A laryngocele is defined as the abnormal dilatation of the laryngeal saccule contains air that extends superiorly within the false vocal cords. It maintains an open communication with laryngeal lumen (1,2). The simple laryngocele is a dilated or herniated saccule which contains only air. In some cases, it might be filled by mucus and become laryngomucosel. If laryngocele gets infected by bacterial or fungal agents, it contains pus and becomes a laryngopyocele (1-3).

There are different sentiments for classifying laryngoceles. Traditionally laryngoceles have been classified as internal, external or combined based on their relationship with the thyrohyoid membrane. However, some authors have been abandoned this classification since laryngoceles originated from laryngeal saccule and there is no purely external laryngocele (4).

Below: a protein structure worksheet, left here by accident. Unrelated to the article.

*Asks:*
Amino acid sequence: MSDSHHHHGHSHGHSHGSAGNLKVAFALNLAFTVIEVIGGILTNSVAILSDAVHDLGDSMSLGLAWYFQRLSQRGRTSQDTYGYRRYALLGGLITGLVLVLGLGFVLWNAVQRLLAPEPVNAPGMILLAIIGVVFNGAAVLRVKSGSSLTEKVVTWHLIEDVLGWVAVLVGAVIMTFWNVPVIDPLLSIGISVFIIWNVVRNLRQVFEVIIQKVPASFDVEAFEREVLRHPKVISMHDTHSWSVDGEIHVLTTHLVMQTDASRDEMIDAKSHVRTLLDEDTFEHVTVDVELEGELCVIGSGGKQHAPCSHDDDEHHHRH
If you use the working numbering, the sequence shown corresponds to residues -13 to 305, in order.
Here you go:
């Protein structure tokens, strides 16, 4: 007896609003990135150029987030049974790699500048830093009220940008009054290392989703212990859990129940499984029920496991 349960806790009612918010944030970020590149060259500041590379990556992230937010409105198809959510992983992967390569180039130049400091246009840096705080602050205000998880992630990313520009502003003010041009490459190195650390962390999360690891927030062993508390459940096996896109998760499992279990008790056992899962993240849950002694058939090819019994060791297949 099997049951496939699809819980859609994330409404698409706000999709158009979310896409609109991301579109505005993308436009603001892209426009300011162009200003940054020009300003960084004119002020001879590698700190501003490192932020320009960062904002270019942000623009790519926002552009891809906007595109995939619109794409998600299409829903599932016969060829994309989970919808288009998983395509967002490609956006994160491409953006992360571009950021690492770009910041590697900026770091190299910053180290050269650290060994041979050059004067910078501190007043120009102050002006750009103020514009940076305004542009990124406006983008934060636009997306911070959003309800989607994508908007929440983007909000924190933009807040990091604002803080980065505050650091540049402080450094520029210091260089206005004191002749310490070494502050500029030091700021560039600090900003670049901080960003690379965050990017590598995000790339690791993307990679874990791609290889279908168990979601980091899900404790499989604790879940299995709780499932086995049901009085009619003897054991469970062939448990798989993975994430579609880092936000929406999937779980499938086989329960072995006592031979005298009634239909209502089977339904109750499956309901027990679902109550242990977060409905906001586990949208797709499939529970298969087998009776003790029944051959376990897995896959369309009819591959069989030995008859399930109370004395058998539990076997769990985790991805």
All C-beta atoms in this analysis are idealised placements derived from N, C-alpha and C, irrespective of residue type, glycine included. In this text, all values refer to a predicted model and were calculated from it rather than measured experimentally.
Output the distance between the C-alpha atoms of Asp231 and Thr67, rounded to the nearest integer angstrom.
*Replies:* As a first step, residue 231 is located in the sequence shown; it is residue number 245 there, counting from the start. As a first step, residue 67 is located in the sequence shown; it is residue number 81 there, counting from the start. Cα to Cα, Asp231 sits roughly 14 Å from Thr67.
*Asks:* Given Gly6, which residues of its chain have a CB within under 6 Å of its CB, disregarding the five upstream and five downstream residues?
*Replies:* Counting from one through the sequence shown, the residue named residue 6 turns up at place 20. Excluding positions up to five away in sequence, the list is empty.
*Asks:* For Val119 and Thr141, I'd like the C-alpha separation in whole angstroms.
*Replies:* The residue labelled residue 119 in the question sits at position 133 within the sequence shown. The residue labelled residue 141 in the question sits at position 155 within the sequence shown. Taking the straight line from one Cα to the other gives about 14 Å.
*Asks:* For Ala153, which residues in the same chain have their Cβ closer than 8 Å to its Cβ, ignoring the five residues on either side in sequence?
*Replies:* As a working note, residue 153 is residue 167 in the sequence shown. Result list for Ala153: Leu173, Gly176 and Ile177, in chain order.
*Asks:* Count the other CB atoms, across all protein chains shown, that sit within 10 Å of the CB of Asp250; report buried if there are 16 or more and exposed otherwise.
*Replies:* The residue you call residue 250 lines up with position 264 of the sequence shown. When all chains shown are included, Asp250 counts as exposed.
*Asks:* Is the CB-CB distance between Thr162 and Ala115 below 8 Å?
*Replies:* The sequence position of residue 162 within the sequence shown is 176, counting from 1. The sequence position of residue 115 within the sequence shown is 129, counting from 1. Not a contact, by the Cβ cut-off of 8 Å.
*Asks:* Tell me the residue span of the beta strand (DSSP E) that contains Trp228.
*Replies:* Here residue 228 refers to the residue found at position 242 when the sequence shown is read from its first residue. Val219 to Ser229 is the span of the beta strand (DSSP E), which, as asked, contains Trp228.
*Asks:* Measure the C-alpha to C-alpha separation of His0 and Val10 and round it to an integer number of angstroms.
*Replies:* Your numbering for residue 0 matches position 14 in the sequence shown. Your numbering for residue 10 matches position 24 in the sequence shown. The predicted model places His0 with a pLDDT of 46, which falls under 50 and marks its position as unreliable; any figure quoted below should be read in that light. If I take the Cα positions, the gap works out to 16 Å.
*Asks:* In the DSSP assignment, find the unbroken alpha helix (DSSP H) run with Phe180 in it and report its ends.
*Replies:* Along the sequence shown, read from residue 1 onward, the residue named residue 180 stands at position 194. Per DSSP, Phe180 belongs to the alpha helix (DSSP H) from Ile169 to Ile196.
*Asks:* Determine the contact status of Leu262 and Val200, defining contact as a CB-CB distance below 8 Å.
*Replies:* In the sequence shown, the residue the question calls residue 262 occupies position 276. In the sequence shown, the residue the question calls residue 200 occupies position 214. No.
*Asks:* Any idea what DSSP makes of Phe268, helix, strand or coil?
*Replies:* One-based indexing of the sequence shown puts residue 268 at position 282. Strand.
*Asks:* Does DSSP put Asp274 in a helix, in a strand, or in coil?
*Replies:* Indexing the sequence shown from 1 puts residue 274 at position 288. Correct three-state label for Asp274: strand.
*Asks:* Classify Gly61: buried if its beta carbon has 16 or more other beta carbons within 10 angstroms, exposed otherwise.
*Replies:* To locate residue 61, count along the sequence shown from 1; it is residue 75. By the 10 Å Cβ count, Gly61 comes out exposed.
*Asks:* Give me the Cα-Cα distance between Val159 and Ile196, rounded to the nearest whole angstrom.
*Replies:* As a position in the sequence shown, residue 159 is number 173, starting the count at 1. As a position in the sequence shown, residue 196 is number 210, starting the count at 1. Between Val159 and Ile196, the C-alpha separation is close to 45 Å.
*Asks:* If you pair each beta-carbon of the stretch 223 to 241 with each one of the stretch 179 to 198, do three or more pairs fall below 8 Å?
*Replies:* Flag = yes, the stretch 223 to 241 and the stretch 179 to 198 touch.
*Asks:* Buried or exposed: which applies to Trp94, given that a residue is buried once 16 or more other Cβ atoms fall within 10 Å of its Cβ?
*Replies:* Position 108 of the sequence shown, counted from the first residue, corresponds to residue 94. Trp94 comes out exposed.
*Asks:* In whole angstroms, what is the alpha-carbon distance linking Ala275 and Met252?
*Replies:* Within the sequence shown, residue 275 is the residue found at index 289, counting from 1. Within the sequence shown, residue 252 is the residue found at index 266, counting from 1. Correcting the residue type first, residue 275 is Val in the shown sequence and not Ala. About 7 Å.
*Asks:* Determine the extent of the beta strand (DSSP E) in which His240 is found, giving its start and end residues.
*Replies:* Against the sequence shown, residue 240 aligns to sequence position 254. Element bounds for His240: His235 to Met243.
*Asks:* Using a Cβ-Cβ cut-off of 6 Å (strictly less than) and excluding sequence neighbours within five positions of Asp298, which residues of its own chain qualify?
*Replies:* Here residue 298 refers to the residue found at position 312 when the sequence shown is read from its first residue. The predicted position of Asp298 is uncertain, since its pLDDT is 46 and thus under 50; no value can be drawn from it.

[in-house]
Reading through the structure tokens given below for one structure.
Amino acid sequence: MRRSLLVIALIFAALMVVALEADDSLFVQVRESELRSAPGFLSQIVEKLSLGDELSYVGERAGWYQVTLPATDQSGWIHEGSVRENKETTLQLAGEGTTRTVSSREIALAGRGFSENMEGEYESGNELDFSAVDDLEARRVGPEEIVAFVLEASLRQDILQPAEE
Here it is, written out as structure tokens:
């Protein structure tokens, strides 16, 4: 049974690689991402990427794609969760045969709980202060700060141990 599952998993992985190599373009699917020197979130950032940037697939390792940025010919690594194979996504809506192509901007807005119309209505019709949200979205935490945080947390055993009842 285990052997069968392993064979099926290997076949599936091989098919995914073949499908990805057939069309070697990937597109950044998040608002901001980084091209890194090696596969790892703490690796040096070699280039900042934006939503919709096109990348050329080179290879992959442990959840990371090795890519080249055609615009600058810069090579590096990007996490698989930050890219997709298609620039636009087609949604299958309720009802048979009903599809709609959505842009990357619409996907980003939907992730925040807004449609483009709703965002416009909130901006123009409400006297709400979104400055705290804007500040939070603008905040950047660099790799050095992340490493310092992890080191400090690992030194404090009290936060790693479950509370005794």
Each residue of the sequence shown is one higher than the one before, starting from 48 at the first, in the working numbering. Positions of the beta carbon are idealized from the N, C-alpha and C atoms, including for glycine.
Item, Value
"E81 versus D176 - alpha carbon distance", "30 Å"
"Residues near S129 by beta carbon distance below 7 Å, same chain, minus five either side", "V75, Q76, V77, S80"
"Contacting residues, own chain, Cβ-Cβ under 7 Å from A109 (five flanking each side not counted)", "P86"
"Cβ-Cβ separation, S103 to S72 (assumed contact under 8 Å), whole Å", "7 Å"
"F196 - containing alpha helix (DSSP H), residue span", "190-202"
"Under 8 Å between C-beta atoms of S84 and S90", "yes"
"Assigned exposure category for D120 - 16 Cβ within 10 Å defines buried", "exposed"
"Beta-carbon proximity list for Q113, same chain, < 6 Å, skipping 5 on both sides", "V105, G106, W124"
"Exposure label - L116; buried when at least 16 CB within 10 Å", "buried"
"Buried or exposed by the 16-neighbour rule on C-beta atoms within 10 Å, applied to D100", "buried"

An internal laryngocele is confined within the false vocal cord and it is medial to thyrohyoid membrane. A combined laryngocele, which diagnosed as external laryngocele according to some authors, extends upward and protrudes through the thyrohyoid membrane to the neck. Combined laryngoceles make up the majority of cases and demonstrates both internal and external protrusions (4-6).

The estimated incidence of laryngocele is 1 per 2.5 million people per year. Laryngoceles have been reported to be 5-6 times more frequent in males with a peak incidence in 6th decade. The bilateral laryngoceles are extremely rare. There are six cases have been reported presenting bilateral larygngocele in the literature so far. Laryngopyocele is also very rare clinical entity. They constitute 8% of all laryngocele cases. Only 61 articles about laryngopyoceles have been reported since 1952 in the literature (6).